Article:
It is clearly a tenants’ market today. Tenants are spoilt for choices and where possible, they want a better location, a newer place and new neighbours. And did I forget to mention, at a lower rental than what they had previously paid.
Yet, as I survey the scene, some landlords are still trapped in the “good old days” of a few years back, where they could be very selective and adopt a take it or leave it attitude.
Here are some “No, nos” I’ve observed and if you’re guilty of it, time to pull your act together.
1) Lighting without cover exposing bare bulbs. First impression counts. Your potential tenants are not scientists and are not interested to know the inner workings of your lightings. Clothes please.
2) Bare windows with no curtains. “Oh, I’ll put it up when the tenant ask for it. ” Seriously, you won’t get a second chance. Never doubt the power of curtains. Good curtains. Not the ones that look like you recycled them from your grandma’s moth bitten ones.
3) Tired looking walls. A fresh coat of paint can brighten up the whole place. Dirt streaked across and the occasional blood stain will not be interpreted as an Andy Warhol masterpiece.
4) Unfurnished. Yes, there will be the odd few tenants who demand an empty place. But by and large, furniture gives a warm fuzzy, move in feel. And no tenant will complain about free furniture, a big tv and the usual creature conforts. It’s safe to leave out the mattress as most tenants will prefer to buy their own mattresses. That said, $200 will easily get you a decent one. And don’t forget comforters and pillows for that complete “Awww” impact.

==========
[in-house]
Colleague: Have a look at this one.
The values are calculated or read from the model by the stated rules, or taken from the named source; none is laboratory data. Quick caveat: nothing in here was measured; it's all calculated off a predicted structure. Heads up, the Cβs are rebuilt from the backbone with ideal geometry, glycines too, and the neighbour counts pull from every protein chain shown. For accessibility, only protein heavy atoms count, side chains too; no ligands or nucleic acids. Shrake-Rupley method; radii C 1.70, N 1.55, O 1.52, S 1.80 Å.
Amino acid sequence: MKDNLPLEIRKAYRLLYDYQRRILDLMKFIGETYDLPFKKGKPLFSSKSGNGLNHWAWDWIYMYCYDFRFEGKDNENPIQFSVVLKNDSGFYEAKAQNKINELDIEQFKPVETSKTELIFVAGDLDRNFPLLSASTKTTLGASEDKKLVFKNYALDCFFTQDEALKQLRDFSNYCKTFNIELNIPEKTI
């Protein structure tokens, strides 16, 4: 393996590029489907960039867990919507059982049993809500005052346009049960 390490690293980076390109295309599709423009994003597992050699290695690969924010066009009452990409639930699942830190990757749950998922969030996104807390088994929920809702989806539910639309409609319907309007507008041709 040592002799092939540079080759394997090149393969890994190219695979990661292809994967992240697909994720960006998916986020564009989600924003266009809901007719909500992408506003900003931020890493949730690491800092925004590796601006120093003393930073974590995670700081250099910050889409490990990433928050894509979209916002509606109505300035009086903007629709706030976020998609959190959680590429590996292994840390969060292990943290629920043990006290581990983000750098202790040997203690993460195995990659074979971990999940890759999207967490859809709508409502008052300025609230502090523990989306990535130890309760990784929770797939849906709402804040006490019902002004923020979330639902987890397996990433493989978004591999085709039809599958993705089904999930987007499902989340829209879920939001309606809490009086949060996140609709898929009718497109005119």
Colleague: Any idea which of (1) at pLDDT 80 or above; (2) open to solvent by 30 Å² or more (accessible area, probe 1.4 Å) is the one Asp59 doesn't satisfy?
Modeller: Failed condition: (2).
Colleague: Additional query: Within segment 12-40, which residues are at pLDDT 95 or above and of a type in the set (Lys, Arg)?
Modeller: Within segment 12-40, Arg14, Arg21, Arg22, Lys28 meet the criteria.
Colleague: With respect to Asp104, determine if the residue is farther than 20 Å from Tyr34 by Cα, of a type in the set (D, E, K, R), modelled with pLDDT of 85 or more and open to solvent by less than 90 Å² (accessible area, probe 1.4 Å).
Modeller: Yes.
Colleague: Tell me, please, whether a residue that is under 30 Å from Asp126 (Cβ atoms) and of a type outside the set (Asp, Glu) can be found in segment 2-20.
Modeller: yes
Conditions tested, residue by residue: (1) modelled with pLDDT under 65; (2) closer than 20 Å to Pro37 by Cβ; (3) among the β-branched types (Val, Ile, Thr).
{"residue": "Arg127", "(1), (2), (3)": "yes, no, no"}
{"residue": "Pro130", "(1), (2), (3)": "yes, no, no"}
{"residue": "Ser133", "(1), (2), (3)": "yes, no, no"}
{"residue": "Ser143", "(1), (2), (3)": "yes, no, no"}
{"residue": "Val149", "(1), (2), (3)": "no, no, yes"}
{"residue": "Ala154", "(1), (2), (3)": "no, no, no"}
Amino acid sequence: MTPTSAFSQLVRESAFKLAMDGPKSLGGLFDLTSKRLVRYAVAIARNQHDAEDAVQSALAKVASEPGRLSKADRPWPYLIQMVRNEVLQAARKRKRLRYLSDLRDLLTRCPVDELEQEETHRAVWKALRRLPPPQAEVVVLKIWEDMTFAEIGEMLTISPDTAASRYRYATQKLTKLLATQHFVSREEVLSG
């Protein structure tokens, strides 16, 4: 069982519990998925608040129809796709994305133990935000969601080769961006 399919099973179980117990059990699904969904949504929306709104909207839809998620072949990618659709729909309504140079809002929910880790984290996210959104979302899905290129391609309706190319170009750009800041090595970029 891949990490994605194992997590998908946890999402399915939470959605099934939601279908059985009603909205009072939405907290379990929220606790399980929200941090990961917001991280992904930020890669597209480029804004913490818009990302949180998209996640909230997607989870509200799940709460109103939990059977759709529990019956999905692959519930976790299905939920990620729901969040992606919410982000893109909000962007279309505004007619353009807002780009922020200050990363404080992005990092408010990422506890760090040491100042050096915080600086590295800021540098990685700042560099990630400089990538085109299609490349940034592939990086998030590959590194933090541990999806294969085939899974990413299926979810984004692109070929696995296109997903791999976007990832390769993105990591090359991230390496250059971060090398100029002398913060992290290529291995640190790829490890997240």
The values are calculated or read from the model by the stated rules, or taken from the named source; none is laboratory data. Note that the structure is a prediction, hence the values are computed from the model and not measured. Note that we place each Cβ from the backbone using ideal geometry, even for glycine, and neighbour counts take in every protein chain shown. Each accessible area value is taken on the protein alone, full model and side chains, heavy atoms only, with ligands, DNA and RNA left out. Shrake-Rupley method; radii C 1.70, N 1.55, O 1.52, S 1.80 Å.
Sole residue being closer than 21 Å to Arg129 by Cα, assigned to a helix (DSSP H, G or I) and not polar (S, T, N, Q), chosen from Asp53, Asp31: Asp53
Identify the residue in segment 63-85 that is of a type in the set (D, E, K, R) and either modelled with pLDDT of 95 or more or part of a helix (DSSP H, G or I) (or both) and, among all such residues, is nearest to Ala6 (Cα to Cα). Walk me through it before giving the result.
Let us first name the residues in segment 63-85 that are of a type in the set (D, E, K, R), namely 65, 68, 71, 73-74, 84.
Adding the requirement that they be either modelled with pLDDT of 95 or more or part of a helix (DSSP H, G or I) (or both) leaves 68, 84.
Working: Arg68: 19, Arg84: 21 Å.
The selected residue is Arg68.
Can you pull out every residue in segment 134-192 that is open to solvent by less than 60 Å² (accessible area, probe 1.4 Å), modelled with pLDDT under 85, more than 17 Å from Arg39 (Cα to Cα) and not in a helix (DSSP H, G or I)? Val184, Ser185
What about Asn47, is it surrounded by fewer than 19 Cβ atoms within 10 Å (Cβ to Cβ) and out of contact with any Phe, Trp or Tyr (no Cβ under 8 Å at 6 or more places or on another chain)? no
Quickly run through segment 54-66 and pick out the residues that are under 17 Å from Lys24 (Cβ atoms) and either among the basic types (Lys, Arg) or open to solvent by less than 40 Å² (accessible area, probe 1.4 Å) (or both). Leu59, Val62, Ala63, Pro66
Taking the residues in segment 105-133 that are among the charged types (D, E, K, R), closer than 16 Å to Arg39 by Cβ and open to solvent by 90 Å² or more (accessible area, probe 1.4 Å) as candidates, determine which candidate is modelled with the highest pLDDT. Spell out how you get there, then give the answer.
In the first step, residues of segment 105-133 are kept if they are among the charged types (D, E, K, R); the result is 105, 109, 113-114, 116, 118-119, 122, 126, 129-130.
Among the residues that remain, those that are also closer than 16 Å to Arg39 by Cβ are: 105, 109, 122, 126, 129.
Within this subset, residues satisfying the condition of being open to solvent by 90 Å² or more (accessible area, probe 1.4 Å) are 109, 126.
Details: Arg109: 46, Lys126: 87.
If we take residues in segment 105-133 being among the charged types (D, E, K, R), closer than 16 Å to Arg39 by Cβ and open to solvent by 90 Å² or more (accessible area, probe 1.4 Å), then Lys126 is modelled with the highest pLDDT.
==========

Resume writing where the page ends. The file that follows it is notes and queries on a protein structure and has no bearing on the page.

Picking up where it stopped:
5) Toilets that look repulsive. Easily a deal breaker when everything else seem to be going fine. The smell of mothballs is revolting. You are not preseving Jurassic bones in the toilet, are you? Get rid of all visible stains. It should smell fresh. Not musky and certainly not antiseptic like a hospital.
6) Tidiness please. I’ve seen stickers on furniture, chairs arranged like the place had been used as a gambling den and toys strewn all over. Aim for that showflat look. When tenants see how “showflat-ish” the place looks, subconsciously, they get the message that this is the standard to maintain when they move in.
There’s a lot more tips but if landlords and their agents can do the above, it’s more than half the battle won in the war for tenants who will call the shots for the next 2 years at least.
Our Best, Always!